Caroline Pickersgill came from a family of the best flag makers in Baltimore. She and her family proudly stitched the grand flag that gallantly whipped in the wind over Fort McHenry. But when the British attacked Baltimore on September 12, 1814, would those broad stripes and bright stars still wave strong? Would America still be free and remain the home of the brave?
Discover the story of the girl who sewed the American flag that inspired the lyrics of the National Anthem in this beautifully illustrated celebration of our country's iconic symbol for freedom.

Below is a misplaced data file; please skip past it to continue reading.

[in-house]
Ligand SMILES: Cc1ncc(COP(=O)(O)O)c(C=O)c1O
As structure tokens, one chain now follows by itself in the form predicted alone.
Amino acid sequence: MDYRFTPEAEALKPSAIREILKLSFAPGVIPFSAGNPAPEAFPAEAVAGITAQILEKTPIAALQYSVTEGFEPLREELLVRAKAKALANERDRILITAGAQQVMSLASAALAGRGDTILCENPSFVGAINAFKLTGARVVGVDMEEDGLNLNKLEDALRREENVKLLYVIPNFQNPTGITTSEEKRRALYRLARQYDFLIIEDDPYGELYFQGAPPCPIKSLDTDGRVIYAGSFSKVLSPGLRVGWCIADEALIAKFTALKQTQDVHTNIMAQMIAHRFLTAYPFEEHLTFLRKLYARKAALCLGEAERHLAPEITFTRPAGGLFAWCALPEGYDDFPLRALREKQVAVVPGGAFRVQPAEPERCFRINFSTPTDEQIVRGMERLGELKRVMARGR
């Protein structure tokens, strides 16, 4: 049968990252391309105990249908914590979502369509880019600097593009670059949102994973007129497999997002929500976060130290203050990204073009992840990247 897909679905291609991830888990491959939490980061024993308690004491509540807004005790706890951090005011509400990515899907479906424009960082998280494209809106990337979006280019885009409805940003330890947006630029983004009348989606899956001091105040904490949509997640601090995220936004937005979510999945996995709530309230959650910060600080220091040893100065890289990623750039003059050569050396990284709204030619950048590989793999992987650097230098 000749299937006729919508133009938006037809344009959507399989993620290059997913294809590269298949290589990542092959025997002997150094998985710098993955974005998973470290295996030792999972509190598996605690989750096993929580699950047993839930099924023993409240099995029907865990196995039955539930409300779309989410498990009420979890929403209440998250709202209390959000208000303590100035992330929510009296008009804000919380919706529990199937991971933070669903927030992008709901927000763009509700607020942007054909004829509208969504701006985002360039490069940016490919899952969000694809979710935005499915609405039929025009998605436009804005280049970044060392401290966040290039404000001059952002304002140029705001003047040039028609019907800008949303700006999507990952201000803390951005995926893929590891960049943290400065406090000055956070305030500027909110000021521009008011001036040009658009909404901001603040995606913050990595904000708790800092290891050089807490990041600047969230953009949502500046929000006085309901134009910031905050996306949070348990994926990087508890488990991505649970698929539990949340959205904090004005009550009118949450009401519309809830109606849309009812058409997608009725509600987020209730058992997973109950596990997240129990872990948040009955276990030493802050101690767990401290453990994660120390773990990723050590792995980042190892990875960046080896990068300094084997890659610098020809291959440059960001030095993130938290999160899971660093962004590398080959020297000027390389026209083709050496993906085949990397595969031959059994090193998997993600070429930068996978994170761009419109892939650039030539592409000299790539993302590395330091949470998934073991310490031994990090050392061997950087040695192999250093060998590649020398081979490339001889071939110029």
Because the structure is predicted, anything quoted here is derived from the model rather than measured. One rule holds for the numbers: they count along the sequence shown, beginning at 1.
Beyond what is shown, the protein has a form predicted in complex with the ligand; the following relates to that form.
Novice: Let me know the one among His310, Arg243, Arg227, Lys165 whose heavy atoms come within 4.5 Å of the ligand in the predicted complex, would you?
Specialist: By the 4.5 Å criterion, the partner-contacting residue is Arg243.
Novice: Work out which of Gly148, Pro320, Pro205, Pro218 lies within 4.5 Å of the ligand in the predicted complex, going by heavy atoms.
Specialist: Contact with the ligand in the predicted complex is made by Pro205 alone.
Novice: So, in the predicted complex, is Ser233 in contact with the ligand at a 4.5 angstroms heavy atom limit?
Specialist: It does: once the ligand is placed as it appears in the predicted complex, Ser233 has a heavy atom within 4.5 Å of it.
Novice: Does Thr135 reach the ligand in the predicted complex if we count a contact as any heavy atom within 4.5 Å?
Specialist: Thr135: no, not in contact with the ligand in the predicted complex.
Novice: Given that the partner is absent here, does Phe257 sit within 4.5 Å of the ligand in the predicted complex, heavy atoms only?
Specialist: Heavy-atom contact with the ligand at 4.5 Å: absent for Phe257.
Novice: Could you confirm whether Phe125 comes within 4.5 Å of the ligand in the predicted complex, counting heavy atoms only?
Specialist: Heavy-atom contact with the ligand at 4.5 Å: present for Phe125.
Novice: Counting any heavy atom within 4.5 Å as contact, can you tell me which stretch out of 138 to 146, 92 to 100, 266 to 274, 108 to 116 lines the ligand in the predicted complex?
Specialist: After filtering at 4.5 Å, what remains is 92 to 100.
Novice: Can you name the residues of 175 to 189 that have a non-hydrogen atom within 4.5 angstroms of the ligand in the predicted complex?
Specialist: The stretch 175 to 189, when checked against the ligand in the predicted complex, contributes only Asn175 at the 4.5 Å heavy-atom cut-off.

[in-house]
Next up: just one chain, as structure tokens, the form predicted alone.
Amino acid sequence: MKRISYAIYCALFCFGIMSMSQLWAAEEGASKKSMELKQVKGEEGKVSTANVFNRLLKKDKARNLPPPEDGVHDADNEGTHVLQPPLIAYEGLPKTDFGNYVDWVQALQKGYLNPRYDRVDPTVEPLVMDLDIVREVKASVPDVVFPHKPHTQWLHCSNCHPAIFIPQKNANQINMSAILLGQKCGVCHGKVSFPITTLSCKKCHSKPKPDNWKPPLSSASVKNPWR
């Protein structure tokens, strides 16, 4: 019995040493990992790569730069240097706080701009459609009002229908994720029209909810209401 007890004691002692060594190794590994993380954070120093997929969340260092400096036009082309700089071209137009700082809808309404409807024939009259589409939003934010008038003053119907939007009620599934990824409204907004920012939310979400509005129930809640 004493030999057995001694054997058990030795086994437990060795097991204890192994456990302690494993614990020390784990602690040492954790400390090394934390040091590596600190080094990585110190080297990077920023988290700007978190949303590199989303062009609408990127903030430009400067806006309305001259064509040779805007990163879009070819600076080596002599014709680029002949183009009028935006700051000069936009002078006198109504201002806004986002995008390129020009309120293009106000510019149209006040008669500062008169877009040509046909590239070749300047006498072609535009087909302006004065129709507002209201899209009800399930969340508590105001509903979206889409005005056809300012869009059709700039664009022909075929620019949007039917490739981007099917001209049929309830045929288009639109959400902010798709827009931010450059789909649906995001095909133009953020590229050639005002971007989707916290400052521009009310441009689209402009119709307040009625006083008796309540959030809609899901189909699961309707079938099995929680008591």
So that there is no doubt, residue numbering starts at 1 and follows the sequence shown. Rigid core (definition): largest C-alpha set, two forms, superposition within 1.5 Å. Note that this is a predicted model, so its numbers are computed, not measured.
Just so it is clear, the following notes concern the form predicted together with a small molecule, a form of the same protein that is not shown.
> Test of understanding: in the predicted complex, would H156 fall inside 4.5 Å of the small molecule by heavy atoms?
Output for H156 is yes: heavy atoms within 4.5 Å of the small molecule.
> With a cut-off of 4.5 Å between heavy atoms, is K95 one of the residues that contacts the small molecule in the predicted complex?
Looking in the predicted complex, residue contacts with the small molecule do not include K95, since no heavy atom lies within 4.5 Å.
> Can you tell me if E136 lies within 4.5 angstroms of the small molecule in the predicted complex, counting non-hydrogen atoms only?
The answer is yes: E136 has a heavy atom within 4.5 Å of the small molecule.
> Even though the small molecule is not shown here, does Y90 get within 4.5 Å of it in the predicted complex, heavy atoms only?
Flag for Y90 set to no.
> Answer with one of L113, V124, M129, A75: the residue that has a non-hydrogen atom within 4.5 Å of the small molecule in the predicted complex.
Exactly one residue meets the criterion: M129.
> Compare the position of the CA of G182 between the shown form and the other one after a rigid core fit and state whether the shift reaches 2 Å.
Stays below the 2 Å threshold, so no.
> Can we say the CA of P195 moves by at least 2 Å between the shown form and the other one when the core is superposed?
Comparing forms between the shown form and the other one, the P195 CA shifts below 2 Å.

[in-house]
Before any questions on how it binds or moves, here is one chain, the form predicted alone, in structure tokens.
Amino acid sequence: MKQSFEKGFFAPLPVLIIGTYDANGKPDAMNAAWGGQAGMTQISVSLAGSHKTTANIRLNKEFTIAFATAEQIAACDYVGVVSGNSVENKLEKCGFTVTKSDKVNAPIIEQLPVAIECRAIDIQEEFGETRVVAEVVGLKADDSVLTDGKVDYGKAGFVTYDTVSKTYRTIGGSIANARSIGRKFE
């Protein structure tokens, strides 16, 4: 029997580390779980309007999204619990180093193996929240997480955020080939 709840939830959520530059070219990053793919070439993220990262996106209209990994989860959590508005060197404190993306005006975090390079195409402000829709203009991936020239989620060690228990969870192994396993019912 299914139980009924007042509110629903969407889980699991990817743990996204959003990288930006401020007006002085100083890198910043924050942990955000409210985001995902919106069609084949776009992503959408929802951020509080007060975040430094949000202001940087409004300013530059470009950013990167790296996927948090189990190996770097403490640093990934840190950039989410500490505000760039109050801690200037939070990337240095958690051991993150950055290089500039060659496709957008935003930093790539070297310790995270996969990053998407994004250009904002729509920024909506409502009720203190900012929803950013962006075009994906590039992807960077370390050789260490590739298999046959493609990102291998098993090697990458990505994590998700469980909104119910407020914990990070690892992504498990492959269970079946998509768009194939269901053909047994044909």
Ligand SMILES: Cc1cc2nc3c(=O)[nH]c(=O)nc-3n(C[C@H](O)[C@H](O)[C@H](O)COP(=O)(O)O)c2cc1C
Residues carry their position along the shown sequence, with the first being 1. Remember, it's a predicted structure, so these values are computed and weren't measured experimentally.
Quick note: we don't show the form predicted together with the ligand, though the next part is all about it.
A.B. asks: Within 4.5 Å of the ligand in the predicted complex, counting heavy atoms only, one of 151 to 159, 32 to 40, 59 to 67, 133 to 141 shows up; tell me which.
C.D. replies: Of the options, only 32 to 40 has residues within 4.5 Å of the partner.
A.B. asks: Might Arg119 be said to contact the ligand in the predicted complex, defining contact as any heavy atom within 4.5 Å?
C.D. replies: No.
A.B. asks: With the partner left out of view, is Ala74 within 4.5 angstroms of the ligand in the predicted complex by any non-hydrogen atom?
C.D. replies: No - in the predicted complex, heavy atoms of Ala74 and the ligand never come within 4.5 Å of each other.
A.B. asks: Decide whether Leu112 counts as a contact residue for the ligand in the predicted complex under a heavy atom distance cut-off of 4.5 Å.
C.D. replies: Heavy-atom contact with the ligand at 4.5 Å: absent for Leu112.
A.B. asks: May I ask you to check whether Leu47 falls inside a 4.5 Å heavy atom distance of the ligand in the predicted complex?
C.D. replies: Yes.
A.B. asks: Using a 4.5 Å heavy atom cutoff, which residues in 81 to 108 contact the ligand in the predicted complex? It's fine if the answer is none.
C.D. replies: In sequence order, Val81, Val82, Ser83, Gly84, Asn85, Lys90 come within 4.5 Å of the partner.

"Fulton’s accessible language pairs with Berry’s colored-pencil block prints to create clear images of the effort of the women to make a flag of that size, and the battle that would eventually inspire a nation. Fulton includes a short list of resources, an author’s note, and the lyrics to 'The Star-Spangled Banner.' The author’s note explains how Pickersgill negotiated a contract for two of the women [who sewed the flag], which was typically forbidden because they were African American. A strong look at women who up took up needle and thread to inspire a town, a man, and ultimately a nation." — Karen Ginman, Booklist
|5 - 9
|May 2, 2017
|Margaret K. McElderry Books